Focus is crucial to the success of any worthwhile project. For me, this is probably the most difficult obstacle to overcome. My wife keeps insisting that I be treated for adult ADD. While I do admit that my mind can run in a million different directions at the same time, it seems that clear vision can help me focus in ways that no medication could. When we keep the main thing, the main thing, it is much easier to remain focused even when our pursuits seem derailed. When you are sure of your destination it is a lot easier to take the “quit” out of your vocabulary.

Having vision and direction to aim creative pursuits is an incredibly freeing experience. While using words like direction, boundaries, and focus, may sound nothing like the freedom of flying freely through the forest of our dreams,  for most of us, it is much easier to approach the “blank canvas” of our art when we have a clear vision of how we can benefit the team. A clear-cut vision can truly give wings to your creativity. One of the ways it does this is by refueling the sense of purpose that all of us have inside (whether creative or not). Like in aerodynamics, it takes several distinct forces acting in harmony to produce flight. Any of the necessary forces (gravity, lift, drag, etc.), when by themselves, can be dangerous, limiting, or worthless, at best. Clear vision can act like the heading and lift that not only makes flight possible, but worth doing at all. People are much more productive when they know that they matter to the team. Clear vision will give your creative team wings to be able to fly to the future of changed lives–both theirs and everyone they touch and inspire.

Exposure, Experience and (ah…) Vacation.

I am writing this sitting on the Gulf Coast of Alabama at Orange Beach. (I know, I live in Florida but am vacationing in Alabama…what’s up with that??? It’s a long story, but we’re here with some good friends). I have had the time to think, process, and simply relax. It has been so timely and Randi and I have enjoyed the time away. This has also given me the opportunity to “catch up” on a few things that I’ve wanted to do for several weeks/months.

I am often asked for the resources and materials that we use at Trinity to aid and influence our corporate worship. Here I hope that you will find this site both informational and inspiring. You will notice that to the right there are links to several resources that we use regularly. I’ve also included some posts from another blog site that I have posted several weeks/months ago that are relevant to this site. These resources, hopefully, will be helpful to you whether you find yourself in a new church plant or in an existing meg-church or somewhere in between.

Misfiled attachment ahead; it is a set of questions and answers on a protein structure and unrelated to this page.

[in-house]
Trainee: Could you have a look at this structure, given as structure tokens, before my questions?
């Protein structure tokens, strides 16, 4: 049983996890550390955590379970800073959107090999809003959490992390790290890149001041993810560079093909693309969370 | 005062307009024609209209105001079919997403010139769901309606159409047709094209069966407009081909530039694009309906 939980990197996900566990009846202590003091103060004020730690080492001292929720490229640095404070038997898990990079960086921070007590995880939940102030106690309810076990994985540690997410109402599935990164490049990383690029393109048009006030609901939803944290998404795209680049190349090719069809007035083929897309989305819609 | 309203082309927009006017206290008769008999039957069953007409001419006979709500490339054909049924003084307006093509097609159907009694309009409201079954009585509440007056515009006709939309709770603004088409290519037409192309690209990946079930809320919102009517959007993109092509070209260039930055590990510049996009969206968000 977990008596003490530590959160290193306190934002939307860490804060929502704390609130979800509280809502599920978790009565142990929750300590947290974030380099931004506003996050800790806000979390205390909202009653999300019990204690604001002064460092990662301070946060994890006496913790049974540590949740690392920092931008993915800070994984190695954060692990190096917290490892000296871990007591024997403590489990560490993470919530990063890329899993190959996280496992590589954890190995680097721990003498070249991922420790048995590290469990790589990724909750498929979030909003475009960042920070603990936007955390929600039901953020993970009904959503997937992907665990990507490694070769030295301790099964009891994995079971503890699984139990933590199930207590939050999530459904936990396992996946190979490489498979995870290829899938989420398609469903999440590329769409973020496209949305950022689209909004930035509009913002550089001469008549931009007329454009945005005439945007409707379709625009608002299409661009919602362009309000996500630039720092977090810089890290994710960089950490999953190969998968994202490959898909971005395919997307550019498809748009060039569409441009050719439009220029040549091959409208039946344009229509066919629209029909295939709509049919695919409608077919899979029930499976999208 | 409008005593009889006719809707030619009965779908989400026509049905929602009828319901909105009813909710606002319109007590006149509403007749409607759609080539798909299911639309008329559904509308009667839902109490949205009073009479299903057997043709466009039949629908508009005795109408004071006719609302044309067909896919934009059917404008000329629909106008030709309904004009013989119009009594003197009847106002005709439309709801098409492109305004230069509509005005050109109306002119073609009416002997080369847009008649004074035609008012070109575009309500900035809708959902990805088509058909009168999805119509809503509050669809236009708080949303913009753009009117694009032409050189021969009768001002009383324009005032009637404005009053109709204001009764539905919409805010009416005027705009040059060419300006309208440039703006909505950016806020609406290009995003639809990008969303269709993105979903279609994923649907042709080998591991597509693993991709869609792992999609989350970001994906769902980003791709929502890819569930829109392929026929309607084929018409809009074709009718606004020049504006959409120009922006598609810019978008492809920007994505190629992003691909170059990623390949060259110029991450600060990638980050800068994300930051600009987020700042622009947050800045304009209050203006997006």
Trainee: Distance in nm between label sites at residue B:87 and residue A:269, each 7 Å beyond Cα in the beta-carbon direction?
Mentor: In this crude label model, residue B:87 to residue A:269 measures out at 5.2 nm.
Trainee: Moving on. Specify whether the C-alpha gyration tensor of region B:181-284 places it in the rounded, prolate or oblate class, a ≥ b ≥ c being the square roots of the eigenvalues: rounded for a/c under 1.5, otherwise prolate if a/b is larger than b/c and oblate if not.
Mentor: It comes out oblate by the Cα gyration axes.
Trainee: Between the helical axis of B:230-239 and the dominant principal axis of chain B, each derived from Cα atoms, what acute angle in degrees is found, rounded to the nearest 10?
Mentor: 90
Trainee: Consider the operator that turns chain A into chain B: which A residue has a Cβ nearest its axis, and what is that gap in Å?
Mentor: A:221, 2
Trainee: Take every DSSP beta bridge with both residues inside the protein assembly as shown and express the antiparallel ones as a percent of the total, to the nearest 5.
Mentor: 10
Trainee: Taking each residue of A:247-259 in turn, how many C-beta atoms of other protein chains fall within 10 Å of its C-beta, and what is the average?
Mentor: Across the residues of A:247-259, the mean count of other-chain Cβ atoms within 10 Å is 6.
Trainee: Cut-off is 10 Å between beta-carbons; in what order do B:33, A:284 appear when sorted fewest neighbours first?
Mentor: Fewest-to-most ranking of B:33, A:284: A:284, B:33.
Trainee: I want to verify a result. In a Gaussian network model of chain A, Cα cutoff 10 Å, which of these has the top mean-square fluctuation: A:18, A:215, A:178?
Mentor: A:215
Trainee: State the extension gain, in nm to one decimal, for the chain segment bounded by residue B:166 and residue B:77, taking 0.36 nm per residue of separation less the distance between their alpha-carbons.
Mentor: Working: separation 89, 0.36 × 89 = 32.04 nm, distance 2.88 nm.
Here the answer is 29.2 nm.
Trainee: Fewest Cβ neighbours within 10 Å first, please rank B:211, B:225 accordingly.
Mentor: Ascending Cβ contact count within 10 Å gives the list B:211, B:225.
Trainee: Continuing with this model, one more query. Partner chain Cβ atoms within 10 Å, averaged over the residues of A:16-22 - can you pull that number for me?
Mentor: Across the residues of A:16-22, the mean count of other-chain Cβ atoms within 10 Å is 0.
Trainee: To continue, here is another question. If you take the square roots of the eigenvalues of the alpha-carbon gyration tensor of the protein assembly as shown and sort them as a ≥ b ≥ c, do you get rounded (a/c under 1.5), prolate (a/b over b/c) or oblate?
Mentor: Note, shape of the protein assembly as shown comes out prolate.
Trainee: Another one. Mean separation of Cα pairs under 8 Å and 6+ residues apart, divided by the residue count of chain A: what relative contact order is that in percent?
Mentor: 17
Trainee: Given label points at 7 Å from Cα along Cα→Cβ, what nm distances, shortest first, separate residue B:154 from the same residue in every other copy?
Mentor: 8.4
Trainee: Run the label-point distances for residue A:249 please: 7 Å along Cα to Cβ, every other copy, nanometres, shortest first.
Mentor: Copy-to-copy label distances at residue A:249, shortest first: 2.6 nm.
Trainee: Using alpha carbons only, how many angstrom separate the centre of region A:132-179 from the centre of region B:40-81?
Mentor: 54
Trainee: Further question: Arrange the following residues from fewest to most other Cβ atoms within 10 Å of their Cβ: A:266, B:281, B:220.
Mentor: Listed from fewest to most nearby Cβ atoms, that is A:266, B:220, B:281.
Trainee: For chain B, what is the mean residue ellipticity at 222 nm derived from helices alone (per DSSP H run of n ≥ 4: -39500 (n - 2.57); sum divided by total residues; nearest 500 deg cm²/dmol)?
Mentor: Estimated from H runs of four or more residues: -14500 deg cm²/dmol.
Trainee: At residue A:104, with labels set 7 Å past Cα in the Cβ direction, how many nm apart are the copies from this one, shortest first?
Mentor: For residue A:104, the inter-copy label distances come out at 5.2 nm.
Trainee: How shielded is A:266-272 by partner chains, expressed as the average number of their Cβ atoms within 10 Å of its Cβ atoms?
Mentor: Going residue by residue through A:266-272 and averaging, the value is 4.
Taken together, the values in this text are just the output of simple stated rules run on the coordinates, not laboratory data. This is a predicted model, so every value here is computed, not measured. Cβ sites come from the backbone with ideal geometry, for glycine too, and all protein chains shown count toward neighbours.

One of the greatest lessons that I have learned is that there is nothing new “under the sun” (if it was true for Solomon several thousand years ago, I’m sure it’s true for me). Chances are, if I need it, someone else has as well. Usually someone a lot more intelligent and experienced than myself has already come up with a solution to my problem long before I was even aware I had one.

I hope you will find these resources helpful to your ministry. If you have any that you would recommend, please send them my way. I’m always looking for new  ideas and resources to help our congregation experience God corporately in a fresh way.

I’ve found that there are two vital elements to successful leadership: 1) Exposure and 2) Experience. I hope that this site will be informative enough to help expose all of us to new ideas as well as inspirational enough to motivate us to use them. Without exposure we simply are bound to the hamster wheel of what we already know (which usually isn’t much). I’ve met people in ministry for 30 years who have claimed to have 30 years experience. Often, I have found that they have had one year of experience repeated 29 times.

With exposure, we have the ability to experience and process new ideas as they relate to ministry. However, it is actually getting out there and using these ideas that gives us the experience and fortitude to be effective. Otherwise, we become highly theoretical and idealistic with little to show for it.

I’ll close with this quote that I came across the other day “We must think like a man of action and act like a man of thought.” (even though the author, Henri Bergson, was not a believer, I believe this is a truism–see James chapter two and the entire book of Acts).  If we will be diligent in both our thinking and our actions, we can change this world for Christ.